Noteworthy leads are thwarted by incompatible schedules. They disappear; you do too. This is more difficult than you imagined. A kid, a candy store, bins that are out of reach: who knew? It’s been nearly a month since this all began, and most everyone fits into one of three undesirable categories: no, distracted, or perfect, and perfect, as you well know, is the enemy. Under no circumstances do you want to fall in love. You want to play out fantasies while avoiding antibiotics, antiretrovirals, and body lice. Nothing more. The target is increasingly smaller, but you keep giving it your all. Life imitates carnival game.

Of course, the problem might not be the game. You begin to feel old in a virtual space where your age isn’t far from the median. It’s not only the culture—you could fill a bathtub with all the acronyms and pop references you don’t know. It’s the cadence, too. This is a carousel that never slows to a point where you can board gracefully. What if monogamy has taken your finely tuned instincts and skills and blunted them into useless, shallow spoons? Or what if your current path is a regression?The irony isn’t lost on you, but neither is it well drawn out. For most of the last twenty years, your sympathies rested squarely with Hillary; recently, Bill has become pitiable. You no longer align with either of them politically. You vote for them anyway.

 

It’s difficult to recall the feeling of truly meeting a man in person. The Internet certainly traffics more men than a gay bar, but you don’t recall so consistently leaving a gay bar alone. Maybe you did. That was a long time ago.

On a warm, sunlit evening when your husband works late, you find your way to a happy hour in the East Village. You approach with the trepidation of a tourist who doesn’t understand all of the signs and who is embarrassed to speak a language he studied only briefly in his youth. As cliché as it sounds, you still feel like the seventeen-year-old who used to sneak into these places. Throw a backwards baseball cap on and you’re not that far off—your brown skin has brought you some grief over the years, but at least it refuses to crack. And yet, in this room, you are mid-career. Apart from the worn survivors nestled at one end of the bar (you, had you been born one generation earlier), everyone else is in his late twenties or, worse, his early twenties (you, one generation later). The balance tips more toward quirky than shiny, but you nonetheless fear several types of discrimination at once. Intersections, you think.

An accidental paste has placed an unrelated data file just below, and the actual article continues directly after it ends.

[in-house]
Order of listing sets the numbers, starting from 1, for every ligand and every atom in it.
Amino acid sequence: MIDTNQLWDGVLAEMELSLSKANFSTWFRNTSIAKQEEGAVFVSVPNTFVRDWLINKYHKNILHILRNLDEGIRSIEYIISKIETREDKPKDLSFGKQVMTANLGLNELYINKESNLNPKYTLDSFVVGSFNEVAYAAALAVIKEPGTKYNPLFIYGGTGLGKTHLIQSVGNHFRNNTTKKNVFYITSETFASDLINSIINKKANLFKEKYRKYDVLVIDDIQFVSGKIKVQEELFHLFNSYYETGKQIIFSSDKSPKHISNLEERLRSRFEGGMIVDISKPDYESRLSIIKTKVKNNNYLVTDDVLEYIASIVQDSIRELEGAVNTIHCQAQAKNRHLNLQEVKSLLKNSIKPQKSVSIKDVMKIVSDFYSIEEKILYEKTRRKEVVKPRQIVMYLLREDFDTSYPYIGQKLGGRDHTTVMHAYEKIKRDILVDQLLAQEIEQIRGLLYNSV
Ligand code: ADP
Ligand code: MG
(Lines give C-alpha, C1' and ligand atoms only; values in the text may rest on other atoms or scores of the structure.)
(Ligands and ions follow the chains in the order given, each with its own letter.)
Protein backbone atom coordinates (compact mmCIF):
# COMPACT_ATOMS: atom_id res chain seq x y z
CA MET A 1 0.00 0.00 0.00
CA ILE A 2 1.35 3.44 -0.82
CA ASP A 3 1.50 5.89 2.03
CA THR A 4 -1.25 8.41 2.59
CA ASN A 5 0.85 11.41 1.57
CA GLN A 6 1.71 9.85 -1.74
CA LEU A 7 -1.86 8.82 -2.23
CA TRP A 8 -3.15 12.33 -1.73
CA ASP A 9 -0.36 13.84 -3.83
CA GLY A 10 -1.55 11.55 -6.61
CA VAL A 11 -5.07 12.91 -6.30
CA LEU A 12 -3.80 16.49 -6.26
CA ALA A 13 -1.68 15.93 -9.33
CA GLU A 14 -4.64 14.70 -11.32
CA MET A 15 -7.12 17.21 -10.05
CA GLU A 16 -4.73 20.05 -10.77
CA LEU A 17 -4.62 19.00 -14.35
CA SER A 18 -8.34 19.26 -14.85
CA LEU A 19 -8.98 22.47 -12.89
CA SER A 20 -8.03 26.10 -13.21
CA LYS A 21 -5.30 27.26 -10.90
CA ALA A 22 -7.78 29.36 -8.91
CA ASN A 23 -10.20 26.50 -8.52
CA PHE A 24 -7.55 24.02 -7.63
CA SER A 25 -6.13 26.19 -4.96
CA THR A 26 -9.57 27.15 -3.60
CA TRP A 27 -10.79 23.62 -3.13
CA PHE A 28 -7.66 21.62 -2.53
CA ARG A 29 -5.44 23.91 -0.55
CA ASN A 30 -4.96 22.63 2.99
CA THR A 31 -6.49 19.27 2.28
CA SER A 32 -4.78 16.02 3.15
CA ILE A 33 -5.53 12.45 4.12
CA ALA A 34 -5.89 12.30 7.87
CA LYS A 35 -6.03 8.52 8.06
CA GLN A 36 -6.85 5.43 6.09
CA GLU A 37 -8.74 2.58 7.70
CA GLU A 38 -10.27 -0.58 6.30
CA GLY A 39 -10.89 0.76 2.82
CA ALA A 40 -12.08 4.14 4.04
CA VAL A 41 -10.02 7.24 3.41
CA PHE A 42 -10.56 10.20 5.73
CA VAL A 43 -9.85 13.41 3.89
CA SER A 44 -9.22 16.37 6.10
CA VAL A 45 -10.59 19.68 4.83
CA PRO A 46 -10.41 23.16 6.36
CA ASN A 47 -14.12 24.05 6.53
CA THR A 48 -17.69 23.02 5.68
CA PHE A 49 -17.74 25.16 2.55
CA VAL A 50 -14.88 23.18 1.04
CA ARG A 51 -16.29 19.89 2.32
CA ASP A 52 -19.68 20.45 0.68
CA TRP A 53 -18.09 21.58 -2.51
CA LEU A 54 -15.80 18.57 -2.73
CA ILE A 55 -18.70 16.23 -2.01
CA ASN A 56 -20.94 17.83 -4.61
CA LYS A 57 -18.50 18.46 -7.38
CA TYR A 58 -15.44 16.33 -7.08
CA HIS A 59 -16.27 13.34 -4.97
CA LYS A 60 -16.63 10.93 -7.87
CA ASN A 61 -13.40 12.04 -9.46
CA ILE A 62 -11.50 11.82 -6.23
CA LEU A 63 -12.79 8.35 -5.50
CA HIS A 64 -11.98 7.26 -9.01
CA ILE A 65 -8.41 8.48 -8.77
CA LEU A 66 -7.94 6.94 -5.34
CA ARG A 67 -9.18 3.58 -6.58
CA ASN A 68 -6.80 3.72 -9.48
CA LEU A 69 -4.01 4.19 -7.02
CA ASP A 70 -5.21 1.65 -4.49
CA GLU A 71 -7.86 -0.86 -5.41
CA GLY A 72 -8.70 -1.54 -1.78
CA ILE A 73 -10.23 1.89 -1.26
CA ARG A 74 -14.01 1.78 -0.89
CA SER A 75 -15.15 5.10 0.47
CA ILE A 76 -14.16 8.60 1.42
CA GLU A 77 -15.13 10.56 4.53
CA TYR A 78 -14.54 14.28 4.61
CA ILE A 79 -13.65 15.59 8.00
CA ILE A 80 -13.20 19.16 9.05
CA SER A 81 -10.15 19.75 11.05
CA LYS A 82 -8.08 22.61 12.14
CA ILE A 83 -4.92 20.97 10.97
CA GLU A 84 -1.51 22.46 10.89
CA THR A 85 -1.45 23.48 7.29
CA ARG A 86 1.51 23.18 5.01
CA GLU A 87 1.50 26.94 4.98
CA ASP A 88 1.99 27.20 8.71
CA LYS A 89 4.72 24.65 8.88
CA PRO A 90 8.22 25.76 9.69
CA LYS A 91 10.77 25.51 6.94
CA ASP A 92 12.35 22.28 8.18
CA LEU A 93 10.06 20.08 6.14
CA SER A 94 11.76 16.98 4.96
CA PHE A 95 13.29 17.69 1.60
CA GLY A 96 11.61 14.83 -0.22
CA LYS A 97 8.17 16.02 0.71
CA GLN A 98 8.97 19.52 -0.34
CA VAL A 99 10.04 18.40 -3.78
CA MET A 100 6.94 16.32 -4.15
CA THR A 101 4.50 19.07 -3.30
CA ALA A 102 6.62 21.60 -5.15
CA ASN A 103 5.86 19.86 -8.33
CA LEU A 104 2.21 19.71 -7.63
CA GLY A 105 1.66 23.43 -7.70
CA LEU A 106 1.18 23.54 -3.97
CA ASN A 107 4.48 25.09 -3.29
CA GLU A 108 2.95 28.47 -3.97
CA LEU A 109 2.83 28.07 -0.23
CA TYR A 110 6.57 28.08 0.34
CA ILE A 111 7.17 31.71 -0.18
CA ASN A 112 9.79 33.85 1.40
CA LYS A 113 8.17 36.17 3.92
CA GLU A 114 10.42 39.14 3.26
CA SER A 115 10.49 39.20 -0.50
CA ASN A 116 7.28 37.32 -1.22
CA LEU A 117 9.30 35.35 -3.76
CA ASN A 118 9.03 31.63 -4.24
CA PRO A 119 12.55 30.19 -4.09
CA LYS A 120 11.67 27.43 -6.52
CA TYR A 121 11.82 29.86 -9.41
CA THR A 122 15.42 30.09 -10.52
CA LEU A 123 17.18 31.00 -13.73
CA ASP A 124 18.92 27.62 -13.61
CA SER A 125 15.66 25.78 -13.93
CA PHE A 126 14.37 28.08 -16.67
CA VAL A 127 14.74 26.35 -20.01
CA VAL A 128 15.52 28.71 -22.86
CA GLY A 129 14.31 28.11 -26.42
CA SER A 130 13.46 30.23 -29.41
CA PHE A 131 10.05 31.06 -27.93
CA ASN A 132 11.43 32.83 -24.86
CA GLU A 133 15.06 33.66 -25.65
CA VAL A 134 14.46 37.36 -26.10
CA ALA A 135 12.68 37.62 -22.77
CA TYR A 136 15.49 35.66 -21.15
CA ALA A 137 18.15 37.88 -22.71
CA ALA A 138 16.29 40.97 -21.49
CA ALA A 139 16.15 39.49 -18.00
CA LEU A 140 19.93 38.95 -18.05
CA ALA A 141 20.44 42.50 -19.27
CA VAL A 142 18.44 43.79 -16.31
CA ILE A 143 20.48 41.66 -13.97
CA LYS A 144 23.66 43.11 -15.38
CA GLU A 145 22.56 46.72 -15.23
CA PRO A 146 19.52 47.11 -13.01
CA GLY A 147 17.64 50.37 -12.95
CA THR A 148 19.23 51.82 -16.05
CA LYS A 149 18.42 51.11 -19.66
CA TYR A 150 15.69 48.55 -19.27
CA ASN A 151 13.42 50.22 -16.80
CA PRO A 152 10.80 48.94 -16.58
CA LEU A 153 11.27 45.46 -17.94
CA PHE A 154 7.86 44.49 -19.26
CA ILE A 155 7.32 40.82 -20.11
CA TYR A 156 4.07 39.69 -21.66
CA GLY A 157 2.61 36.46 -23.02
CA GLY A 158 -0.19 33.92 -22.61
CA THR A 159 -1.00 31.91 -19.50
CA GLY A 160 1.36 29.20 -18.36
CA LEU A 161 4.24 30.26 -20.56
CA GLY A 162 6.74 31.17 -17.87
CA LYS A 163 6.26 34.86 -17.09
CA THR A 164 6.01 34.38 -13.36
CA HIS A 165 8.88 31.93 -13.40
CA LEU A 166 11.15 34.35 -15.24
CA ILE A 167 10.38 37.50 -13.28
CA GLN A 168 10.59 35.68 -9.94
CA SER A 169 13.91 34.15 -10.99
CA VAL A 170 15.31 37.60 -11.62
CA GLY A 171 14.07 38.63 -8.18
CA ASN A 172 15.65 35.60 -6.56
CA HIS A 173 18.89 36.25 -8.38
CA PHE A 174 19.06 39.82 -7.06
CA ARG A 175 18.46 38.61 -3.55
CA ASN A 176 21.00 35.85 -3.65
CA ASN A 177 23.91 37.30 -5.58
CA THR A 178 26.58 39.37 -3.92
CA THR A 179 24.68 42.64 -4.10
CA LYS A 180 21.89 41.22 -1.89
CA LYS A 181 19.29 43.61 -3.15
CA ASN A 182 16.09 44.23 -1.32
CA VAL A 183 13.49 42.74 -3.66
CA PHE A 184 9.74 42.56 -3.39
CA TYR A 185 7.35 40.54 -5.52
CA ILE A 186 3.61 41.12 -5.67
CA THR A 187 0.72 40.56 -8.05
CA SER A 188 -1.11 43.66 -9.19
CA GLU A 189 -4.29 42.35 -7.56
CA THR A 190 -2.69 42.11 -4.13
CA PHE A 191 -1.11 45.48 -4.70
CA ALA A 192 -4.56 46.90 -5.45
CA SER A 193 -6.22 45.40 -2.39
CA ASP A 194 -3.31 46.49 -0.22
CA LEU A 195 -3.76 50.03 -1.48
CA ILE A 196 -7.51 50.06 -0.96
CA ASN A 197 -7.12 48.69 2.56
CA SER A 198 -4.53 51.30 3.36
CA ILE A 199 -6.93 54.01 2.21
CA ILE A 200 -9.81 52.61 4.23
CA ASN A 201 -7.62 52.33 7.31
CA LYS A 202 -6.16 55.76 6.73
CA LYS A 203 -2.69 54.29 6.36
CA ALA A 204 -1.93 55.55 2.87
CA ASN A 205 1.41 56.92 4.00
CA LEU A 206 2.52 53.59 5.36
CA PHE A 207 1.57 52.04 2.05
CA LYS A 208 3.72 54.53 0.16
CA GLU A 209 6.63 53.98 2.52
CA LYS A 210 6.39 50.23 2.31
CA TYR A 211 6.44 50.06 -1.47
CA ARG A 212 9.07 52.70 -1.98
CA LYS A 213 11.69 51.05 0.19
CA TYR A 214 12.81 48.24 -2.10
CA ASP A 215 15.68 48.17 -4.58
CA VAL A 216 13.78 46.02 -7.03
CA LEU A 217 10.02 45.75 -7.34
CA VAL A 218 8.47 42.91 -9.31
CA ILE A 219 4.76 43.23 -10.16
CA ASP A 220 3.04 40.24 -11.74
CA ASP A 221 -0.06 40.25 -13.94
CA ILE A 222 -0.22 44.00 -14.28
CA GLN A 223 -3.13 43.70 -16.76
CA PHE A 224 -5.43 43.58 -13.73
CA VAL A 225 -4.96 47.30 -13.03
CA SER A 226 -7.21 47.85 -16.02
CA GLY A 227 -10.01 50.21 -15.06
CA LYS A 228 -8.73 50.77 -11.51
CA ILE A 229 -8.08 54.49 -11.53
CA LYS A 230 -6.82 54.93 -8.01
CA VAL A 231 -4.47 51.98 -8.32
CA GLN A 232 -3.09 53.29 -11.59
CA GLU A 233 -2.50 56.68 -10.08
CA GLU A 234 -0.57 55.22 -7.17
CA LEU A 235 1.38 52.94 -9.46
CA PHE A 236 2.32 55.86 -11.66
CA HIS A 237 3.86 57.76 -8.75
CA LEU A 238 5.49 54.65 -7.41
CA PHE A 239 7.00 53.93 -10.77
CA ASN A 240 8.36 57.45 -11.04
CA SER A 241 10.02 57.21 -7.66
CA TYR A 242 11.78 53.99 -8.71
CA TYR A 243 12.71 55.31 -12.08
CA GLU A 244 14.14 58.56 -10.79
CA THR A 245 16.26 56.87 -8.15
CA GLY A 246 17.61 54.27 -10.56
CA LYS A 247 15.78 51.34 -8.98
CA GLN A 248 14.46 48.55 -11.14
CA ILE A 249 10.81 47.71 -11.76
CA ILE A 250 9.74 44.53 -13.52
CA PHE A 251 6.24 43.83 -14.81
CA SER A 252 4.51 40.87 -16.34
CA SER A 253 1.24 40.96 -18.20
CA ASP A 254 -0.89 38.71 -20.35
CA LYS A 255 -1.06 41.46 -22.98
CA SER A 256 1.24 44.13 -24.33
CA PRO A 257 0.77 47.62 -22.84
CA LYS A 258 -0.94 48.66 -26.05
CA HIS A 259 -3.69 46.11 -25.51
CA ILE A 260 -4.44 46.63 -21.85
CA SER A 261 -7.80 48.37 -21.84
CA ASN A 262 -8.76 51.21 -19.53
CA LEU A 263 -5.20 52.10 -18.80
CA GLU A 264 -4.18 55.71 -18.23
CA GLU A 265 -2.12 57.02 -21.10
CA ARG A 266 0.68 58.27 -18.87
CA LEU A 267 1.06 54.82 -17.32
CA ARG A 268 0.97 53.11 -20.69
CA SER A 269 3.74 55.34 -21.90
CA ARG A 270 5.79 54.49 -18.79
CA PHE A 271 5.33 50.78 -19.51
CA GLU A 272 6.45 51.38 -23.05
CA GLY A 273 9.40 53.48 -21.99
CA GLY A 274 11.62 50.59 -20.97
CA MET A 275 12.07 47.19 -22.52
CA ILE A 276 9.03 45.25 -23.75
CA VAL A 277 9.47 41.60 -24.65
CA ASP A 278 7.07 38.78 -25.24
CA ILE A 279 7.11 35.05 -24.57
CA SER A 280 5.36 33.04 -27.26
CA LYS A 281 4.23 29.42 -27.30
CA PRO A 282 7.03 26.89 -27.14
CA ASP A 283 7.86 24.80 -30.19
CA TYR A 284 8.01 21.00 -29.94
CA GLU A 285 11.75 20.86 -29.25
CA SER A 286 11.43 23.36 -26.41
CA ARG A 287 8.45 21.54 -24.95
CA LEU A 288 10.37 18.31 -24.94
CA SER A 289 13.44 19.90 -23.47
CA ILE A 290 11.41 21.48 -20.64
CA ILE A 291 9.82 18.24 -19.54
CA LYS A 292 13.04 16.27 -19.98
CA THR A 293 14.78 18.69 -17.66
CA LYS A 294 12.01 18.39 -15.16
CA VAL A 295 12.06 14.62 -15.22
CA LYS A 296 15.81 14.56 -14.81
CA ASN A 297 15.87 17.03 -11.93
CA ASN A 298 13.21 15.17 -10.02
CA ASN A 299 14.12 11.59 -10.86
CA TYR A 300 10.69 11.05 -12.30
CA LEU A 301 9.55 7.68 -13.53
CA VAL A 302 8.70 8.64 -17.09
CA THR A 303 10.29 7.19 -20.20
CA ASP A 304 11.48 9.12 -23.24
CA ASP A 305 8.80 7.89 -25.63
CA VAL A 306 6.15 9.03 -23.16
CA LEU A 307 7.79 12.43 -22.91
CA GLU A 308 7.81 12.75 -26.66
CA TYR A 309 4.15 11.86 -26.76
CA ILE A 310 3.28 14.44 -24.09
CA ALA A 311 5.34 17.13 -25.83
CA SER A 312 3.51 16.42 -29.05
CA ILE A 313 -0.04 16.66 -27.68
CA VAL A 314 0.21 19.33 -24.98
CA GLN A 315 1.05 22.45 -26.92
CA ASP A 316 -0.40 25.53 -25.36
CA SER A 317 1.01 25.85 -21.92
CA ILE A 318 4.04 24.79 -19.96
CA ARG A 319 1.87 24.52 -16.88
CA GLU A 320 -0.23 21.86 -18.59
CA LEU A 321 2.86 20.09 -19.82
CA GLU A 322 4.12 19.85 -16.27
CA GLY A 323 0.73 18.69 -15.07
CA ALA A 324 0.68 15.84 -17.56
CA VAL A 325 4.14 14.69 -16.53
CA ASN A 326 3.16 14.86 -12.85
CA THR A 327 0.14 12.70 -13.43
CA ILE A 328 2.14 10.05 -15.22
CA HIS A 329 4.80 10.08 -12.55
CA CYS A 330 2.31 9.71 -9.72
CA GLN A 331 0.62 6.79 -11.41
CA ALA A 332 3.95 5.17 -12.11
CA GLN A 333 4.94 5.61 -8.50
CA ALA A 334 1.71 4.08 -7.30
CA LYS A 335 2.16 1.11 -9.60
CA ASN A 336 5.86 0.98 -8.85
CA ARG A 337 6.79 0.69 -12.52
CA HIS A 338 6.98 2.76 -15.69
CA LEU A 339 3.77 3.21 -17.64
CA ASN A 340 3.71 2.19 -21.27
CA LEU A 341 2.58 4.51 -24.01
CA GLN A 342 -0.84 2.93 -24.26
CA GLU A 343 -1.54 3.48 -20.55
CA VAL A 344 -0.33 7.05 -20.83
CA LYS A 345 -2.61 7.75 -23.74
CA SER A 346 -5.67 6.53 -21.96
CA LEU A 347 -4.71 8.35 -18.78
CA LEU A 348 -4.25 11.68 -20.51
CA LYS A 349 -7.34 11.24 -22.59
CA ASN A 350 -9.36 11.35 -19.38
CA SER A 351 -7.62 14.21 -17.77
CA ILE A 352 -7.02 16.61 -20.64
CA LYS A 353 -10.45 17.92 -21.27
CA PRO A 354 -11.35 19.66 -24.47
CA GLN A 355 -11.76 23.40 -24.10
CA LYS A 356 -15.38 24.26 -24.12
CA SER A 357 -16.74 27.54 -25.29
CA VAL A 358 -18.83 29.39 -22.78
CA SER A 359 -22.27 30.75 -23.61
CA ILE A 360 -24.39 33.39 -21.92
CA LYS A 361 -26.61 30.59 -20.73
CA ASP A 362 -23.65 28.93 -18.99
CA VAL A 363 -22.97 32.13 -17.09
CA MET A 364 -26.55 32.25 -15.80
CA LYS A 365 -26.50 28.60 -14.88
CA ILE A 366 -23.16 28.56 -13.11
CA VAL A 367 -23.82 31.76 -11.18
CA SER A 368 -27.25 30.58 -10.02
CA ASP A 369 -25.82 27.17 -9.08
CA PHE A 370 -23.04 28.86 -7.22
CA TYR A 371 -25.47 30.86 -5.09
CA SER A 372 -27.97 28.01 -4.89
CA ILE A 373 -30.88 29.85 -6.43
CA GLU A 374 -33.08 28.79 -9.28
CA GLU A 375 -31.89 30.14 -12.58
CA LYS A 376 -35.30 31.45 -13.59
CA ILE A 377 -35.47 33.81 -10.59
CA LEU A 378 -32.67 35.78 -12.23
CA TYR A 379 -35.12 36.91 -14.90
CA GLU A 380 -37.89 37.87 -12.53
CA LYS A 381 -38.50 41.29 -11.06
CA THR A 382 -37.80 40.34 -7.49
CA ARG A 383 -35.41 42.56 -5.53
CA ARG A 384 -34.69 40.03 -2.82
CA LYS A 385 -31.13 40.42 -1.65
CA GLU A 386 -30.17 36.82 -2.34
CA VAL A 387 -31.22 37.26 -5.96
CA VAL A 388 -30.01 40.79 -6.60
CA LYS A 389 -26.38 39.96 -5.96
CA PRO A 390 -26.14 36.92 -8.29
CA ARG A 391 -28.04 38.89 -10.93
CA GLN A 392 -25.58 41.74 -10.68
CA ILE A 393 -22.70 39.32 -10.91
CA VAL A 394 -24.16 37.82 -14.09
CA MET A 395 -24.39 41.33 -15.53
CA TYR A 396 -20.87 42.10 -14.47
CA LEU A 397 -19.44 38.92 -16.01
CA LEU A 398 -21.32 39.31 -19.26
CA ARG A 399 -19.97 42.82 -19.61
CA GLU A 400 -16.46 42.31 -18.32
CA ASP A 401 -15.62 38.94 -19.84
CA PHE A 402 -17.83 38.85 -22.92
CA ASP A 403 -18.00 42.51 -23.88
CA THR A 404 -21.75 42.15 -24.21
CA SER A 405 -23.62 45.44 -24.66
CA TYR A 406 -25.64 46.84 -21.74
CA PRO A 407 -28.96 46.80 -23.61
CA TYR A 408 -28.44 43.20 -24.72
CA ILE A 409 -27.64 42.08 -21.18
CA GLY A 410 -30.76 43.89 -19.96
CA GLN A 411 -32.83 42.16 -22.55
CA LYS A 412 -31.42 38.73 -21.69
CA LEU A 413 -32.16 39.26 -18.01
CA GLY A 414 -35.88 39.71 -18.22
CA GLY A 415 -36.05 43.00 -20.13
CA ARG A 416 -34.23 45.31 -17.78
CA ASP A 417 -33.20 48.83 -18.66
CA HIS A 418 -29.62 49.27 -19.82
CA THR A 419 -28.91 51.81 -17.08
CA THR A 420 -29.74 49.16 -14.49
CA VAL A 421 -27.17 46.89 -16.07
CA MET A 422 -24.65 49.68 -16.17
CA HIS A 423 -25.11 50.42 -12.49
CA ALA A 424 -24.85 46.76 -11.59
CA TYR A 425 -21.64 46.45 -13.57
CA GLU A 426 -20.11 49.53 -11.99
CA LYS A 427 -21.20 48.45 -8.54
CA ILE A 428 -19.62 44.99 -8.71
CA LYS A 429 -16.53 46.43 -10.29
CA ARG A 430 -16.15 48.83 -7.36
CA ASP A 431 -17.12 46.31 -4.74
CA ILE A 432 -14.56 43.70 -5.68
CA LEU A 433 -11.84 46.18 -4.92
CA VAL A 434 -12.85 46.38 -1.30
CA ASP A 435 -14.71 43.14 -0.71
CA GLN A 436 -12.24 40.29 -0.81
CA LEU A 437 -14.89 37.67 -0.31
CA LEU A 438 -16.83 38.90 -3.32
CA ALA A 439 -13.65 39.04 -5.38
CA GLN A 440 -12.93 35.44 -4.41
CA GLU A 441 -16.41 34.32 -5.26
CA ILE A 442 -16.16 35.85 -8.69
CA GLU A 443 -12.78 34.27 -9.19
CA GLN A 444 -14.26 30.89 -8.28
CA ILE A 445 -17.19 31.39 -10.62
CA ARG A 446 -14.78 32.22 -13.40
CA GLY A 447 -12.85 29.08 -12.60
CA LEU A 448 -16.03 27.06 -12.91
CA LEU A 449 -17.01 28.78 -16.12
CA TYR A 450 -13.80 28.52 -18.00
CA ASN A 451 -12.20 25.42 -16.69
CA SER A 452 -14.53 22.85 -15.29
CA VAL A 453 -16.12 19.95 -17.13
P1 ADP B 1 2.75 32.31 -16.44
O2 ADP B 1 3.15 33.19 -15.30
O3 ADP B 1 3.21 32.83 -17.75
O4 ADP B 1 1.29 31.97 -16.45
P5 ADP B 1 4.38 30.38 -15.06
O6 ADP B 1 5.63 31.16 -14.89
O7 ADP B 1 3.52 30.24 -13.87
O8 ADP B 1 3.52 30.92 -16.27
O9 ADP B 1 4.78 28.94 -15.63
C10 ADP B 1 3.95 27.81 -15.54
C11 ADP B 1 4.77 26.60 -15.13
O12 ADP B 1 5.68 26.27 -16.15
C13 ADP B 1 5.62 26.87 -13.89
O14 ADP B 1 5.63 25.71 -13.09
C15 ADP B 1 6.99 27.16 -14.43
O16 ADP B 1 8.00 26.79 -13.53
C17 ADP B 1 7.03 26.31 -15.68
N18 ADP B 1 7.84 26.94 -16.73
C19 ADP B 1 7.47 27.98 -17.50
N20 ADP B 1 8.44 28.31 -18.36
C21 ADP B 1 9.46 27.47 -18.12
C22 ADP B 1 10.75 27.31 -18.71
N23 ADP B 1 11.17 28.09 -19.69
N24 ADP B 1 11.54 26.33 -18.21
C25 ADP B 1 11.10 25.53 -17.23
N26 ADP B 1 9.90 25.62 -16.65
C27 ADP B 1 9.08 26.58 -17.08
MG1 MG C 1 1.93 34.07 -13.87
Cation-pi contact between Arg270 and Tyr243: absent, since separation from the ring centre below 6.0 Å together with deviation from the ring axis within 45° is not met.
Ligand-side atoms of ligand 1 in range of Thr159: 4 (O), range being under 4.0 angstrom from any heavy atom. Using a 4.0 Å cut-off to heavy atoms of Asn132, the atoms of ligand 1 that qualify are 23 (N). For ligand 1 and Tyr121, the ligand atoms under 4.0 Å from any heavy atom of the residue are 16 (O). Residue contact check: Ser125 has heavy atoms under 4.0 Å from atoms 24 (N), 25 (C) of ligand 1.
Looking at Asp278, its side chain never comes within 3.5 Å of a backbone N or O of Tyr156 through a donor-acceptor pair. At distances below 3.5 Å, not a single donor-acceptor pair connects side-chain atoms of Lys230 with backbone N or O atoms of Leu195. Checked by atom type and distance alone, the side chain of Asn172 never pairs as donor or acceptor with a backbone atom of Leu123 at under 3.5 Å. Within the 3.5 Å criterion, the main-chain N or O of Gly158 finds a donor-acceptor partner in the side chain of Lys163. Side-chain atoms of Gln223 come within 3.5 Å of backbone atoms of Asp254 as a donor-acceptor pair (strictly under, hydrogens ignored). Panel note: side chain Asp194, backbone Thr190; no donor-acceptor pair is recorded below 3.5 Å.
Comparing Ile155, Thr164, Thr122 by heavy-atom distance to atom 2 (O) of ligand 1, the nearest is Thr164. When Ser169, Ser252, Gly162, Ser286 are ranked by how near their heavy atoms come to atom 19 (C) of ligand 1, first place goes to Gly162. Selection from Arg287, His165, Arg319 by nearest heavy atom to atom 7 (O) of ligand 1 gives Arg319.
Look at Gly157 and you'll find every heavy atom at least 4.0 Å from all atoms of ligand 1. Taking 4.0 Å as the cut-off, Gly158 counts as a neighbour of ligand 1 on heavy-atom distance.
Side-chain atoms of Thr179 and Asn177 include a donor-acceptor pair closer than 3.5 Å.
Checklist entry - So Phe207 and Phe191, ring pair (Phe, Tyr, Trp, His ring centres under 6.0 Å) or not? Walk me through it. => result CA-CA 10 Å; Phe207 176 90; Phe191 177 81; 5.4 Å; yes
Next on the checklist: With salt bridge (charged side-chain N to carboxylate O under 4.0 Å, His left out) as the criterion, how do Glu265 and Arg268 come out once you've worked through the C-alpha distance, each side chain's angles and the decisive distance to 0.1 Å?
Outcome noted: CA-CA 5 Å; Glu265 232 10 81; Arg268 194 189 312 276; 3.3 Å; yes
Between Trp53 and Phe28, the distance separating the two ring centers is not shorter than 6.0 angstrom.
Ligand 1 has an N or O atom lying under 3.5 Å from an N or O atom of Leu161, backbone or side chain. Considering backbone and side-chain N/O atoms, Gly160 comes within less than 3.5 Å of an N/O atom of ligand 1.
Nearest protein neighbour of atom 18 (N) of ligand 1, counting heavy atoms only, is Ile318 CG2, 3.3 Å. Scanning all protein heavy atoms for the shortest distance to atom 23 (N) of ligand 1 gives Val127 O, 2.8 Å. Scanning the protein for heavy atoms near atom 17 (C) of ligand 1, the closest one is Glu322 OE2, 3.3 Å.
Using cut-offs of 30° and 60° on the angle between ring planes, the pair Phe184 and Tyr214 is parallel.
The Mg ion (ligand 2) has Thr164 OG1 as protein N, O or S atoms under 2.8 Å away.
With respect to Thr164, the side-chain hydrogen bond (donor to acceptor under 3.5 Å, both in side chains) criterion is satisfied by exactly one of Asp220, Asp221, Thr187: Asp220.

You wait ten minutes for a drink. You hate this. The bar is far from crowded. How could he possibly not have taken your order yet? Drinking establishments would do well to implement a system of numbered tickets, like deli counters—both are meat markets, you think, and then smile to yourself. To make matters worse, everyone he’s serving instead of you is white, a few of whom certainly arrived after you. This is why you prefer to stay home; this is why you splurge at the liquor store. Everything is being confirmed. The seconds race. The cortisol courses through your channels. You’re already drafting a letter to the owner and rehearsing the call you’ll make to the local community board if the letter goes unanswered when, suddenly, he looks your way.

His hair is a pink faux-hawk; skin, blonde. The straps on his tank top are dental floss; his mustache is a car wash. He has a bull ring in his nose and tattoos everywhere—unicorns, Roman numerals, quotes, a subway car. He makes it all work. He looks familiar. Very familiar. “Hi, honey, what can I get you?”

“Slightly dirty gin martini, straight up, three olives, a step up from well.”

As he fills your smudged glass with imperfect cylinders of ice, you realize you’ve seen this post-impressionistic figure before—the online matrix. By this point, you’ve seen the faces of several hundred gay or bisexual men in New York City, and the torsos, cocks, and asses of dozens more. Come to think of it, it’s been days of double-takes and second glances.

“Here you are, darling.” He sets the drink down on a small napkin without spilling a drop. His artistry is evident, but understated.

“How much do I owe you?”

“Nothing. It’s been taken care of.”